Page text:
Resources for Refugee Resettlement Service Providers

As some refugee resettlement agencies and community-based organizations (CBOs) begin to resume or increase their level of activities, CDC offers considerations for ways these organizations can help protect individuals and communities and slow the spread of coronavirus disease 2019 (COVID-19).

This document provides links to existing CDC COVID-19 guidance and other resources that may be useful when resettlement service providers interact with refugee clients in a variety of group settings — for example, at home, in public, or at work. Some of these resources will also be useful for refugee clients.

Vaccination is the best protection against COVID-19. COVID-19 vaccines are safe, effective, and free, regardless of immigration or health insurance status.

The following resources may be used by both resettlement service providers and refugee clients in a variety of settings:

Home Visits

Resettlement service providers, such as case workers, may conduct home visits with refugee clients. These case workers may enter the refugee’s home and be in the shared living space with several family members. Several people may be present in the home at the same time.

CDC Guidance Resources:

Classroom Environments & School Enrollment

Resettlement service providers may assist refugee youth to enroll in school or may have classrooms within their offices to provide essential services to clients including cultural orientation, English as a second language (ESL) instruction, and employment readiness training. Providers may currently be providing these services remotely; however, in the event that services are in person, a group setting is possible.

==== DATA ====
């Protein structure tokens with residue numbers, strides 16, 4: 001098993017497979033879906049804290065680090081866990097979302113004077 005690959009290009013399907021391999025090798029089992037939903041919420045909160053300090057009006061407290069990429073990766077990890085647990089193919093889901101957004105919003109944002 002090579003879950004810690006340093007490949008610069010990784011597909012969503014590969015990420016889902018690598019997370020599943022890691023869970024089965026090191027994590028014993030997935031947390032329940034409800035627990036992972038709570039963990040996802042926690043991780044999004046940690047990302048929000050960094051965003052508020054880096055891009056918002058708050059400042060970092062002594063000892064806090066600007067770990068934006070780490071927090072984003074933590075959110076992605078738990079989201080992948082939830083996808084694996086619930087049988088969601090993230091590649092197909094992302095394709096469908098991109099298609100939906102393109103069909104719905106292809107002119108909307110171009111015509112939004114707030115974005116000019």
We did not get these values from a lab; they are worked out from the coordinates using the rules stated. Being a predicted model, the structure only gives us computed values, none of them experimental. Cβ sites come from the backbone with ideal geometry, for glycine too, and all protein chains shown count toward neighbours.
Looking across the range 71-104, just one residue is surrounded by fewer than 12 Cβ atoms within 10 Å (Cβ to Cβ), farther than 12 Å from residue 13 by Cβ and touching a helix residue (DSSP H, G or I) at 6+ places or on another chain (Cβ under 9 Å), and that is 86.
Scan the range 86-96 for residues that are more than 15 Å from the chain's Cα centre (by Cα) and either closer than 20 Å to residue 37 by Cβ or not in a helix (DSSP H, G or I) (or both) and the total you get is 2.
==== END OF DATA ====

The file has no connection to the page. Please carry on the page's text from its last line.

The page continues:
CDC Guidance Resources:

Health Appointments

Each resettlement community operates differently, but many resettlement agency providers are connected with their county health departments, federally qualified health centers (FQHCs), and culturally competent private medical providers in their areas. Refugee health clinics typically have waiting rooms where several refugee patients may be waiting with their families at the same time for appointments.

CDC Guidance Resources:

Public and Private Transportation

Refugee clients may rely heavily on public transportation. Public transportation may involve crowded situations. CDC recommends properly wearing a well-fitting mask or respirator over the nose and mouth in indoor areas of public transportation (such as airplanes, trains, buses, ferries) and transportation hubs (such as airports, stations, and seaports). When people properly wear a well-fitting mask or respirator, they protect themselves and those around them, and help keep travel and public transportation safer for everyone.

CDC Guidance Resources   

Public Assistance and Social Security Application Registration

Resettlement service providers may help clients apply for public assistance and social security cards, which may take place in an environment with other people present either at a resettlement office or at a public, off-site location.   

CDC Guidance Resources:

Office Settings

Here is a list of recommended guidance for how resettlement service providers can protect themselves from COVID-19 in their own offices.

CDC Guidance Resources